And depending on the answer we either snuff out that desire to learn and to understand or inflame it. Children have a natural inclination to love learning, it may not be framed that way but it’s there, we need to encourage that love of learning so they are able to learn whatever it is they need, to make of their life what they wish.

Sadly that is not always the case and as some grim statistics show many young people leave school with poor self esteem, feeling alienated and consequently remain deprived of the ability they have to make of their lives what they wish.

We are born with a desire to learn & make sense of who we are, what life means, how we relate to each other, how we understand and interpret the emotional lexicon of life. We desire to understand why we are here and if we have purpose.

And we seek to learn and understand through the knowledge we gain and the subjects we study, whether they be science or sport, maths or music, languages or literature they are the prisms through which we see the world and in which the world is reflected to us.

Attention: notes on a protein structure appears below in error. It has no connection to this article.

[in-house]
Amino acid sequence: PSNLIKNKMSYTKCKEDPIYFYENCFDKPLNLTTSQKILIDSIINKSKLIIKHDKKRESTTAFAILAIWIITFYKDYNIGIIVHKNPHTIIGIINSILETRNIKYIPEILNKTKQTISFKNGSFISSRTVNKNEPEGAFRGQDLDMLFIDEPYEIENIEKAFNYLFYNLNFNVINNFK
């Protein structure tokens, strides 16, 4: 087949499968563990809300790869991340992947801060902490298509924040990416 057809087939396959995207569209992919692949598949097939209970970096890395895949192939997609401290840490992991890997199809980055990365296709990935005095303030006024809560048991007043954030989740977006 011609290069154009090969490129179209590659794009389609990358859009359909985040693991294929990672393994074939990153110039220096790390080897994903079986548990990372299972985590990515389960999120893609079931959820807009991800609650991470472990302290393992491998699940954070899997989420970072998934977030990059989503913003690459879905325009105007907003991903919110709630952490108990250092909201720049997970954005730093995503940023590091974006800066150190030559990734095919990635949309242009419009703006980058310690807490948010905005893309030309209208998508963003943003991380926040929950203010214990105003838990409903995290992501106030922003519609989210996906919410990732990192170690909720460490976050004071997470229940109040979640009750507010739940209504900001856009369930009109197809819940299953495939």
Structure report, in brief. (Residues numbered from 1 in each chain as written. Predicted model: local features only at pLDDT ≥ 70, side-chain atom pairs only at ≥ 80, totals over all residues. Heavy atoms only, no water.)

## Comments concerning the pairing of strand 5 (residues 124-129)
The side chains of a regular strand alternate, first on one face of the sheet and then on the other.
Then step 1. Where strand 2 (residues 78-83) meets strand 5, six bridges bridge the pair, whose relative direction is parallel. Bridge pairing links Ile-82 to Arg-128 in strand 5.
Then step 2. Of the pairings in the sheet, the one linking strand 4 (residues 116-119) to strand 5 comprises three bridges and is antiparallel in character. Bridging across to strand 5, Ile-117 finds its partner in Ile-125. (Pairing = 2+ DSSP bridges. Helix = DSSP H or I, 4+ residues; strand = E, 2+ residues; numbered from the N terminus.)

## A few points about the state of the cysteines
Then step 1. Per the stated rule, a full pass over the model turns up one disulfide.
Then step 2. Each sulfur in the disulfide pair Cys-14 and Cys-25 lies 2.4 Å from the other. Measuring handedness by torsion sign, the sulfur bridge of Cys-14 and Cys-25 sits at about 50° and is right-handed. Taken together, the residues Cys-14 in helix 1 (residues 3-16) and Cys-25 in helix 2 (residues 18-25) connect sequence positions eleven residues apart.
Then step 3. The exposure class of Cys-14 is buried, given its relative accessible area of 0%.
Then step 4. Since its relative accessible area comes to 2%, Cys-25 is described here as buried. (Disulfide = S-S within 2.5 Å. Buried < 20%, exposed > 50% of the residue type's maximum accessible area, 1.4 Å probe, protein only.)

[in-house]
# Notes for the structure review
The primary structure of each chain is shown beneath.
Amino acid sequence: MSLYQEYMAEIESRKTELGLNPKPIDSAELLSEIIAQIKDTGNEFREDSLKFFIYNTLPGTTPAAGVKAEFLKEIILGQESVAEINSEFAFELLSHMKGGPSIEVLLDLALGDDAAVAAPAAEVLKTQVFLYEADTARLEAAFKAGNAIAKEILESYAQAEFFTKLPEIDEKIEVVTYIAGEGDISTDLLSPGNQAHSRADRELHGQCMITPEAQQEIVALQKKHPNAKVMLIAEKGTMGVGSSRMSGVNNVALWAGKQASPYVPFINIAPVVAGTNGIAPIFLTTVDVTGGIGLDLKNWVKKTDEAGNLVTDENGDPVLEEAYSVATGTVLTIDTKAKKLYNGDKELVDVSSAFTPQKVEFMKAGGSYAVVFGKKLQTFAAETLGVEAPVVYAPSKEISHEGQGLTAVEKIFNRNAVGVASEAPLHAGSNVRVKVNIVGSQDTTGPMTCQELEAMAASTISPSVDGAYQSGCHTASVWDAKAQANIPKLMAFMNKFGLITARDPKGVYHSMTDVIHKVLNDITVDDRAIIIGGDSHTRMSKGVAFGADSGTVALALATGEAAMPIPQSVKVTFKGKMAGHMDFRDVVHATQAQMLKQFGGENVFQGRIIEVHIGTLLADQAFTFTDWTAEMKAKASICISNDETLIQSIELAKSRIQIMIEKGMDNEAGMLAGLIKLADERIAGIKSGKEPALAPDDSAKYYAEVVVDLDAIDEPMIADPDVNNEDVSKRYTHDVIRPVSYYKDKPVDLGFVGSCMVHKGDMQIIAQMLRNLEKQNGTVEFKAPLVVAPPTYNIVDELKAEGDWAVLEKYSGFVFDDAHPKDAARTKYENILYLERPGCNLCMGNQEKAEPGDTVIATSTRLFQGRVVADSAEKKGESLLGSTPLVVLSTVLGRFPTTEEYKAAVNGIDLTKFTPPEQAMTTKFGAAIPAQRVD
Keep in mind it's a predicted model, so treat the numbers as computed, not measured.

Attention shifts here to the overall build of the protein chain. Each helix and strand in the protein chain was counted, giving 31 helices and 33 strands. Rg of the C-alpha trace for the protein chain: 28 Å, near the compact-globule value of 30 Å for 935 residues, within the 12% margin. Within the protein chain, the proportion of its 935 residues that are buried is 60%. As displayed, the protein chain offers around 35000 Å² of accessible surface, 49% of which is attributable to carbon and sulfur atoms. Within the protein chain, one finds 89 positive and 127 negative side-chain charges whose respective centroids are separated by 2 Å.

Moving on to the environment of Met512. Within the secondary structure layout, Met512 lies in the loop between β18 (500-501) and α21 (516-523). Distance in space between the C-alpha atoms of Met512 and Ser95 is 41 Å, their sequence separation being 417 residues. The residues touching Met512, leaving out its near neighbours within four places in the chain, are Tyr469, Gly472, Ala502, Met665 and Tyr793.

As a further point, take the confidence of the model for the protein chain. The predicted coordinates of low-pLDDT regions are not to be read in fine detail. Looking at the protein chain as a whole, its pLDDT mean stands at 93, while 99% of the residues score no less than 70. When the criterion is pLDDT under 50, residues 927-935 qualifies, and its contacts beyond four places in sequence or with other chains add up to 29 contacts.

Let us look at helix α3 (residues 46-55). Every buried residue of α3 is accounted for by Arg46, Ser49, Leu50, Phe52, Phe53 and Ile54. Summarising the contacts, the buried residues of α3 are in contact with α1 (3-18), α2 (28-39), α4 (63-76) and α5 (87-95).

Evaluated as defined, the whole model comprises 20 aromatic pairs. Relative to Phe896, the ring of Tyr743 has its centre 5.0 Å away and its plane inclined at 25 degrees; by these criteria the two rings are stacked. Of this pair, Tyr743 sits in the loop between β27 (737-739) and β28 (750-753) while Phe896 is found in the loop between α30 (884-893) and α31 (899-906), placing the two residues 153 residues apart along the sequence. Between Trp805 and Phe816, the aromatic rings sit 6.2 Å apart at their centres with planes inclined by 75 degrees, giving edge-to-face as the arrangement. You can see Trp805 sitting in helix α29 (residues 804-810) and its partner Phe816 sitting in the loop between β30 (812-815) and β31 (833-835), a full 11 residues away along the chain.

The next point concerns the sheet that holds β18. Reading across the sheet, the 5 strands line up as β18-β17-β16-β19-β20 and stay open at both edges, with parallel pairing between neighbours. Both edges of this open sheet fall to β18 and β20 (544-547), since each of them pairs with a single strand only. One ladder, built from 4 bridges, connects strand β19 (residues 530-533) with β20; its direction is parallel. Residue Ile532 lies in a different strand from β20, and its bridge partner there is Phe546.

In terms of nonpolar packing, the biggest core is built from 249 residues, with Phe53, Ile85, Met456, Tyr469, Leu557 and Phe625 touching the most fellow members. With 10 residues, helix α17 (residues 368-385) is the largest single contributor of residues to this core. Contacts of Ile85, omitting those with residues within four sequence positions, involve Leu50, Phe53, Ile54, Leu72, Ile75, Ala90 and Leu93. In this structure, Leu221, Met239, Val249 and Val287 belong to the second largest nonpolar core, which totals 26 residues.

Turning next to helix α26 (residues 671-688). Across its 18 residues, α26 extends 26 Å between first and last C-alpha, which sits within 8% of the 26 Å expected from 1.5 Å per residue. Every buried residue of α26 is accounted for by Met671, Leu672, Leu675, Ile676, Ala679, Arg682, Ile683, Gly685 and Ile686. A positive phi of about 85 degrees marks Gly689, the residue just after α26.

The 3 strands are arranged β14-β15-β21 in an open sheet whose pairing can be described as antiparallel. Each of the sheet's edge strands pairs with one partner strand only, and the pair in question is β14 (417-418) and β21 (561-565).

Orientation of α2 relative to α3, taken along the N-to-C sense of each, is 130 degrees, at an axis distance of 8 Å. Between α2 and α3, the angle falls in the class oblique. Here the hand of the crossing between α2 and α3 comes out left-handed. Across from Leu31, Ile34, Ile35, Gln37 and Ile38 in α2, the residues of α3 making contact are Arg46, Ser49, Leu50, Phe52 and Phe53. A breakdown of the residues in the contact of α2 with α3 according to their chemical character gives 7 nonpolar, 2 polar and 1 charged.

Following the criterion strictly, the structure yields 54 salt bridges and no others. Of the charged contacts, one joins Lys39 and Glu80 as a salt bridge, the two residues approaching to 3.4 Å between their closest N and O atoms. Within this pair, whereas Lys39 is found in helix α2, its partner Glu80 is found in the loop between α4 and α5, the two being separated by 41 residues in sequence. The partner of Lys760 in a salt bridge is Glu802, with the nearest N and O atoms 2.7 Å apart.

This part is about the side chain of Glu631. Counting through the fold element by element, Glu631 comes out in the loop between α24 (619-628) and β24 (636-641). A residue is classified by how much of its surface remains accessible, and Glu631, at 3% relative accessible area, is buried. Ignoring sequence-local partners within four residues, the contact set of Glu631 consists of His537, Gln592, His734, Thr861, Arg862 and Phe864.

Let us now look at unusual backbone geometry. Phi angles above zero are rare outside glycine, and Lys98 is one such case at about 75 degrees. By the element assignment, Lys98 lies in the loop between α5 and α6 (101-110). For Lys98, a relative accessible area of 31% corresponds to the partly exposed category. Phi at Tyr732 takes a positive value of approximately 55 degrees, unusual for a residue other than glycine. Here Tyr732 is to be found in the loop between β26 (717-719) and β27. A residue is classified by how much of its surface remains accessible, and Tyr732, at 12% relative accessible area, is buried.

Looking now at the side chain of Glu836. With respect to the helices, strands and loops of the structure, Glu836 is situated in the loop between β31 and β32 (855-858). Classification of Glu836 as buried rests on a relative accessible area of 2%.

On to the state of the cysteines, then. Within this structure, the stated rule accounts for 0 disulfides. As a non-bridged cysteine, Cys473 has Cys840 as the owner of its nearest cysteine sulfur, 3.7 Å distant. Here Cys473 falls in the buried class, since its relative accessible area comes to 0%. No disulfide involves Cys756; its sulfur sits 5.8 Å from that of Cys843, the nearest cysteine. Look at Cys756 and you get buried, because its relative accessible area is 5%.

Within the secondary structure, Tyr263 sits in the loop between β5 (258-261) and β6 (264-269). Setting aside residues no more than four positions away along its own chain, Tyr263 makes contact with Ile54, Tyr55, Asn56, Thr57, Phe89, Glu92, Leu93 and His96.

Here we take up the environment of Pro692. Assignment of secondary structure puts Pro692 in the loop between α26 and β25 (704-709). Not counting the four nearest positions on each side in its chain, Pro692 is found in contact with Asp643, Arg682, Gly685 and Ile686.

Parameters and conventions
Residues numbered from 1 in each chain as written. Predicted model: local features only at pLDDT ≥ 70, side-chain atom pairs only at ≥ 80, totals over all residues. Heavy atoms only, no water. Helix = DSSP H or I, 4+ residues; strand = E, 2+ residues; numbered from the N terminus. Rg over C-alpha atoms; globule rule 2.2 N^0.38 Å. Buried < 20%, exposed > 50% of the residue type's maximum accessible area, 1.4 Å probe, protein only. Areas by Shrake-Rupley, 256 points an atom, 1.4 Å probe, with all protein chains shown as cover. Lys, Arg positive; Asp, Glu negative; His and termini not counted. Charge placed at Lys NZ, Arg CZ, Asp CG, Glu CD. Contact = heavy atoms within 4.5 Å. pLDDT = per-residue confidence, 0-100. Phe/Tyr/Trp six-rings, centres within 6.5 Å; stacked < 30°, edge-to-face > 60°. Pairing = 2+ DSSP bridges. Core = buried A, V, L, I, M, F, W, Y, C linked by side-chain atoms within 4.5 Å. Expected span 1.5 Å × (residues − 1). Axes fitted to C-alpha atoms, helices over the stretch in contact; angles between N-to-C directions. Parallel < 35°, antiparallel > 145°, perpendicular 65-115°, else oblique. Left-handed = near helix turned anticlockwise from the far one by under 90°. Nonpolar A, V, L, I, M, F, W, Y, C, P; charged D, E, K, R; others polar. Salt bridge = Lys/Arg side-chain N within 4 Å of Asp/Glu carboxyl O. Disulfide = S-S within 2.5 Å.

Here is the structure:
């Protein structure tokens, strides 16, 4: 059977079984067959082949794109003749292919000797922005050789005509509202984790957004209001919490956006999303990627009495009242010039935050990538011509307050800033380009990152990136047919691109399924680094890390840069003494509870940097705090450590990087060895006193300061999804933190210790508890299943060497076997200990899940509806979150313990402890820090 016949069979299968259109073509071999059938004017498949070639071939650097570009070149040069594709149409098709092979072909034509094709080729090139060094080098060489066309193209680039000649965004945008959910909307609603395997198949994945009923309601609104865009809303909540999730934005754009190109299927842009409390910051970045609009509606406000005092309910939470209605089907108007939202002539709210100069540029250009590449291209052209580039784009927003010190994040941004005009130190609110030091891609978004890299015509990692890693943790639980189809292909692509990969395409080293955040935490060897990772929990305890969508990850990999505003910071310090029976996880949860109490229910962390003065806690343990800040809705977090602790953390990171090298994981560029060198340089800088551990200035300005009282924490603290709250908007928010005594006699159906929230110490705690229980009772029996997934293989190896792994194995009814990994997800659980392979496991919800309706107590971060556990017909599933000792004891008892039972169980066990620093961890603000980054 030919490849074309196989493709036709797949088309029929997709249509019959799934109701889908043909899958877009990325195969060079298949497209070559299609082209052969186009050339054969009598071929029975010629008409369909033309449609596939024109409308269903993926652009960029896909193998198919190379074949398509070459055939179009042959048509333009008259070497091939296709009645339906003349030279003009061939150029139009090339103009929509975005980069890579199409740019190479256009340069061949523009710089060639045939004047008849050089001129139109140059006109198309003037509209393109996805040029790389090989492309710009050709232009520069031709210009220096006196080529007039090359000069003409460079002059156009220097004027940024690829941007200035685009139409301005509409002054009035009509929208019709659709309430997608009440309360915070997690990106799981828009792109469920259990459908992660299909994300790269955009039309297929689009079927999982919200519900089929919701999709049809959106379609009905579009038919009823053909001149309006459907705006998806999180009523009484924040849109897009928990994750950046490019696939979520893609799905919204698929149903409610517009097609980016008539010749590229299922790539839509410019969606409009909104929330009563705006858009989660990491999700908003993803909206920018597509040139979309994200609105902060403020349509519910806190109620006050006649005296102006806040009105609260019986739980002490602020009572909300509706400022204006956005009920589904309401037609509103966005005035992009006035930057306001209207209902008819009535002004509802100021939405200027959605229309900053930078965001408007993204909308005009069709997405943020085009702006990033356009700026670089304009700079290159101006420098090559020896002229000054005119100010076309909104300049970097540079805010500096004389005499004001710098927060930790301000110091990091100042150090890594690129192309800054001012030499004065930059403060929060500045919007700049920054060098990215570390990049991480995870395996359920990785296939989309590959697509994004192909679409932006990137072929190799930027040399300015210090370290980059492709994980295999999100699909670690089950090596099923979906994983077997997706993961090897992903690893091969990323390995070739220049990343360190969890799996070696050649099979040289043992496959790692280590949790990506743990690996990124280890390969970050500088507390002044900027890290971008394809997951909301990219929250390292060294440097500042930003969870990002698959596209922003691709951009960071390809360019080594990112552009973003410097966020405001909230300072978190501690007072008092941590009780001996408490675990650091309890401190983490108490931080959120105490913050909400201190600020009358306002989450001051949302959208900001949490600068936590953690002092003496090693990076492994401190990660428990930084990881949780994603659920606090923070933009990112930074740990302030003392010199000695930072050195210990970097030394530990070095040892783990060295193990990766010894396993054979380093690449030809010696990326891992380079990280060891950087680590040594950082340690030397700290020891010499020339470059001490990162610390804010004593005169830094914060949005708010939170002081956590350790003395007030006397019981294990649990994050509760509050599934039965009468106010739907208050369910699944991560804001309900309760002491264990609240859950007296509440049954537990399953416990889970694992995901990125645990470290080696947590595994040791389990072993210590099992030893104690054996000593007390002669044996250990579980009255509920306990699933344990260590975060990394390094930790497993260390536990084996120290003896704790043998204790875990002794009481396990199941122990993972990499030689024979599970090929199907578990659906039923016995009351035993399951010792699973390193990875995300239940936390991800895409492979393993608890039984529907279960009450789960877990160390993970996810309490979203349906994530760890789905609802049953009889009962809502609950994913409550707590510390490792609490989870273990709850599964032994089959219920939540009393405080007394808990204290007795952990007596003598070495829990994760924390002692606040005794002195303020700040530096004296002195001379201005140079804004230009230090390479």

So how can we reverse this situation? The Minister has laid out his stall by seeking to implement his 20 point plan announced early in 2011. His stated objective is to ensure that Wales gains a top 20 ranking in the 2015 Pisa tests.

The Minister announced further reorganisations of the way schools are run by creating regional consortia and there will be statutory guidance for school improvement, setting out best practice, which schools will be expected to implement through the school effectiveness framework.

A national reading test will be introduced, and local authorities will be expected to make sure KS2 teacher assessments are more robust, especially in literacy.

All teachers and heads will have to have appropriate levels of literacy and numeracy as part of their professional accreditation, and all newly qualified teachers will have to pass literacy and numeracy skills tests.

Why? Because Estyn has found that 40% of children start secondary school with a reading age below their chronological age. That is an unbelievable 40%.

As a result we lag at the bottom of the UK nation’s league table for literacy, numeracy and science, according to OECD figures.

It also means that we may have cause for worrying about whether the Government intends to throw the baby out with the bath water because our new Foundation Phase pedagogy is under the fiercest of scrutiny and may yet become the scapegoat.